Last fiddled with by Dubslow on 2011-12-05 at 00:28
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Old 2011-12-05, 07:36   #3
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So confused. Apparently MPrime is affecting mfaktc, even when it shouldn't... I'll have to come back to this tomorrow. See here.
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Old 2011-12-05, 07:42   #4
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Quote:
Originally Posted by Dubslow View Post
Edit2: Not huge performance increase; (26+26+14/3)=22, whereas (24+24+24)/3=24 . Still, that is an increase, and the manner in which it comes is very bizzare.
Hmmm... 3/(1/26+1/26+1/14) = 20.2. Not 22.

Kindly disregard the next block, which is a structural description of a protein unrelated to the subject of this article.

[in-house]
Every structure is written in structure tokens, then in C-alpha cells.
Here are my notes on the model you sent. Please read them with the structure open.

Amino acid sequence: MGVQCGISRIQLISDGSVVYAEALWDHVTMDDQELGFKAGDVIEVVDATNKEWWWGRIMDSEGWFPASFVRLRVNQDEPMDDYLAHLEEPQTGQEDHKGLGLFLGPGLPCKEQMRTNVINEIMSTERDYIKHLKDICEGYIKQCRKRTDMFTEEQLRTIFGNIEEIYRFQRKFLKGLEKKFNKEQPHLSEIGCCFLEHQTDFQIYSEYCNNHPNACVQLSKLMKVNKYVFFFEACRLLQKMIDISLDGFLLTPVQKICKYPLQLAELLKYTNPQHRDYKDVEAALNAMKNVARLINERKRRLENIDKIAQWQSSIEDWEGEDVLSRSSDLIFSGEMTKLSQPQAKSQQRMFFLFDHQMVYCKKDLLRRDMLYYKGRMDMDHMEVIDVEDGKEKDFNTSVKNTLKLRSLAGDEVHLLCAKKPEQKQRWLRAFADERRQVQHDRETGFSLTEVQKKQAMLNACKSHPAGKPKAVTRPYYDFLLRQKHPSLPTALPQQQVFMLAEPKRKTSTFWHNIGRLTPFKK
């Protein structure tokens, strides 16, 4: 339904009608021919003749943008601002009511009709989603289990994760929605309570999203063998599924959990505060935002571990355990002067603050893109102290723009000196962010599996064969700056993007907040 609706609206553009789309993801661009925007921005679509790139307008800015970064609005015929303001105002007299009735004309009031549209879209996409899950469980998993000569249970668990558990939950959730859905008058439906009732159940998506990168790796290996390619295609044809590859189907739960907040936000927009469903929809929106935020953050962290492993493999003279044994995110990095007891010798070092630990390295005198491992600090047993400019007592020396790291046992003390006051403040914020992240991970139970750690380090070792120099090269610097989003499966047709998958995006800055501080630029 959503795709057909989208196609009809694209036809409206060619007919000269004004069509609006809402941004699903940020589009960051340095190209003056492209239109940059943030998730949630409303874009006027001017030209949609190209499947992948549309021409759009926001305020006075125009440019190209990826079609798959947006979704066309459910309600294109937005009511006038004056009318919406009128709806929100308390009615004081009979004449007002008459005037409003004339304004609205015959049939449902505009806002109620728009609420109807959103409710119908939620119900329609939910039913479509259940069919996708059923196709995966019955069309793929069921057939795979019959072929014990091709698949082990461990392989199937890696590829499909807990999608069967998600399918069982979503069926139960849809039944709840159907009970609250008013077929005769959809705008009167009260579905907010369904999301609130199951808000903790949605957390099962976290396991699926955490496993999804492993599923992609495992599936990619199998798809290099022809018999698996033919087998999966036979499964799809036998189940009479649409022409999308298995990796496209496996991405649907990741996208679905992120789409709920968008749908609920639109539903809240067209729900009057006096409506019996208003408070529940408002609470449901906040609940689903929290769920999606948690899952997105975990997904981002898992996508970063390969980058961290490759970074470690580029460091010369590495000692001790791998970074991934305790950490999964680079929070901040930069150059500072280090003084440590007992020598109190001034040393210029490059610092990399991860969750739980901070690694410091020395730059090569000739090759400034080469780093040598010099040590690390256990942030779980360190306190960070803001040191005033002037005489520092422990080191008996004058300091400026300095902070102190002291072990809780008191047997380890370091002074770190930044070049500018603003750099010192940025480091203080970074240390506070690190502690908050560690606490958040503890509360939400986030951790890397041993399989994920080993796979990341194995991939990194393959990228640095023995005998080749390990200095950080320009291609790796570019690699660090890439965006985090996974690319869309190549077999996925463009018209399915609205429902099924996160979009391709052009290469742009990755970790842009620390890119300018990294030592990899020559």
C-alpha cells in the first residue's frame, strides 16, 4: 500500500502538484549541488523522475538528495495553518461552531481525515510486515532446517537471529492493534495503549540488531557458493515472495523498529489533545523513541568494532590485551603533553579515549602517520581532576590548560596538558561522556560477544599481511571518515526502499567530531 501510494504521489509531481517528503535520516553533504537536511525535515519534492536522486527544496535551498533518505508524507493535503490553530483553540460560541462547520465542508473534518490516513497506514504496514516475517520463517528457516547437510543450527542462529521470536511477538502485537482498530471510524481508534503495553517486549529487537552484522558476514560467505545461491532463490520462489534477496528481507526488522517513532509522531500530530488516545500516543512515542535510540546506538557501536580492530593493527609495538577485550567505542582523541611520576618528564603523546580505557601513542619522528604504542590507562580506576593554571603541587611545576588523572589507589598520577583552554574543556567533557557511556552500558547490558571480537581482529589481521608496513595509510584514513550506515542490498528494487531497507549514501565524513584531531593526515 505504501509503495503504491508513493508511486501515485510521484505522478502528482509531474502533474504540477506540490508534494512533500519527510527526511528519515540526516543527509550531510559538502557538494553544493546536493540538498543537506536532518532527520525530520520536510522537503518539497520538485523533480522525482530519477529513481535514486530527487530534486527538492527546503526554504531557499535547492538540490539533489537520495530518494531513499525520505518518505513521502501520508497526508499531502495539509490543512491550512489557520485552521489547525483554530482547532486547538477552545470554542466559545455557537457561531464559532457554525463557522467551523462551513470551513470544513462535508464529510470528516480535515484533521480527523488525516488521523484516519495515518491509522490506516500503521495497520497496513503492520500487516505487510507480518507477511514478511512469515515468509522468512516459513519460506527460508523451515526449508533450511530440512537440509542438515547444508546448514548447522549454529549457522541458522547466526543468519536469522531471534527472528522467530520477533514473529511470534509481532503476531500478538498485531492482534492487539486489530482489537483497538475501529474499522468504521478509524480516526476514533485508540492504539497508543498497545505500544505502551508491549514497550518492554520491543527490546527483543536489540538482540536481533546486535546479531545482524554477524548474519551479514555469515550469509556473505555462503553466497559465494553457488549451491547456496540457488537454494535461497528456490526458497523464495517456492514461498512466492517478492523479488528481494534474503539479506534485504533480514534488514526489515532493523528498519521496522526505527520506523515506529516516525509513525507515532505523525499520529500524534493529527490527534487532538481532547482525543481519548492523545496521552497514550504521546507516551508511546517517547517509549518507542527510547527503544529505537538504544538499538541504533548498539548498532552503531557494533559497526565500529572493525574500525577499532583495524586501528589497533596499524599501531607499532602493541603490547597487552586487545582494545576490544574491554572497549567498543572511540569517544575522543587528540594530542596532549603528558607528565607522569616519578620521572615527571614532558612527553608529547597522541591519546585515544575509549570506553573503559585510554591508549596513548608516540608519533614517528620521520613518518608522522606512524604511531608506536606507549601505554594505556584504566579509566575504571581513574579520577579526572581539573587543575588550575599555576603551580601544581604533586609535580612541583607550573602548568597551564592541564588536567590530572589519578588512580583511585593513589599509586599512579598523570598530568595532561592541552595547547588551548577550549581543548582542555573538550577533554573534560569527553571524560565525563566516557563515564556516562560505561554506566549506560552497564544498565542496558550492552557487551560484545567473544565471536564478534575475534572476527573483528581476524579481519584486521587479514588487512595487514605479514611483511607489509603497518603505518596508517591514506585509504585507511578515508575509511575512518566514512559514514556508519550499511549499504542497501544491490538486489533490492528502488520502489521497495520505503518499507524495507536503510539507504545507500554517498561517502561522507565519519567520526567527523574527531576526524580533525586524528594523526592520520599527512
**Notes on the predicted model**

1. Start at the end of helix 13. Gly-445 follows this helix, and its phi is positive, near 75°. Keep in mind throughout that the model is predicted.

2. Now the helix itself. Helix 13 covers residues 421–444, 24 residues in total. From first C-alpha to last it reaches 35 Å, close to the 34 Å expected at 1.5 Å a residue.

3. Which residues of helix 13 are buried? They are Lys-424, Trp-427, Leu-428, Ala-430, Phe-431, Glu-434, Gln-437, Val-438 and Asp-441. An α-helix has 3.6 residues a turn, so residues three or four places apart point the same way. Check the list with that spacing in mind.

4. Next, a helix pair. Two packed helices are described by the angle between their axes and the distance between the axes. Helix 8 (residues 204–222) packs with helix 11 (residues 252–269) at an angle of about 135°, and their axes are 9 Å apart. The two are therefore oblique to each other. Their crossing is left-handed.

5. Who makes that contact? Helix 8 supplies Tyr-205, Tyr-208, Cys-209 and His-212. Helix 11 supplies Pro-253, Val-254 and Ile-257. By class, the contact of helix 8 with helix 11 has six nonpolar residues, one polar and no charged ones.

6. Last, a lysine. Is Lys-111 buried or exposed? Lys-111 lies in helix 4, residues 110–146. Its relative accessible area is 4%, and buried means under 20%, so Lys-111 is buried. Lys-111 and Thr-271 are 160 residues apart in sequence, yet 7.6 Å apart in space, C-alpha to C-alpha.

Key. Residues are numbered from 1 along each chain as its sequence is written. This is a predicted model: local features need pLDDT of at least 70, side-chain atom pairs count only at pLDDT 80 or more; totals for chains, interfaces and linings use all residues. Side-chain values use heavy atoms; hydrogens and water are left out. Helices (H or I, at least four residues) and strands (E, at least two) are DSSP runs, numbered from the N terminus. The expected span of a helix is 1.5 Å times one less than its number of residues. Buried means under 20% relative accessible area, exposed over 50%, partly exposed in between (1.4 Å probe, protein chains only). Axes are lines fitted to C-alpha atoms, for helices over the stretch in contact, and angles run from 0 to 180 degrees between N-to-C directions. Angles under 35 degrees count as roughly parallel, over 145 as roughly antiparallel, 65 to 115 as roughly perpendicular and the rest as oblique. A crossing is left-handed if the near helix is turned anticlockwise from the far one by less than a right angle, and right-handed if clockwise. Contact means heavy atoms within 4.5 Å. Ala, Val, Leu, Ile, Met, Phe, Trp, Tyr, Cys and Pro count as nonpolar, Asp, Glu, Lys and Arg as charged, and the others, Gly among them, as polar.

Do you have turbo core (i3, i5, i7), by any chance?

EDIT:- You should have an i7, considering that you've 8 "cores", right?. Turning off HT might give you consistent timings.

Last fiddled with by axn on 2011-12-05 at 07:44
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Old 2011-12-05, 12:38   #5
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Quote:
Originally Posted by Dubslow View Post
Note: Windows detects AffinityScramble2=01234567 and that's what I put in local.txt because it didn't always detect HT threads correctly. MPrime usually reports 04152637, but was overidden with the Windows settings,

Edit: Just tried running MPrime without the AffinityScramble, and sure enough, it detected 04152637, and here's the timings: http://filesmelt.com/dl/screenshot291.png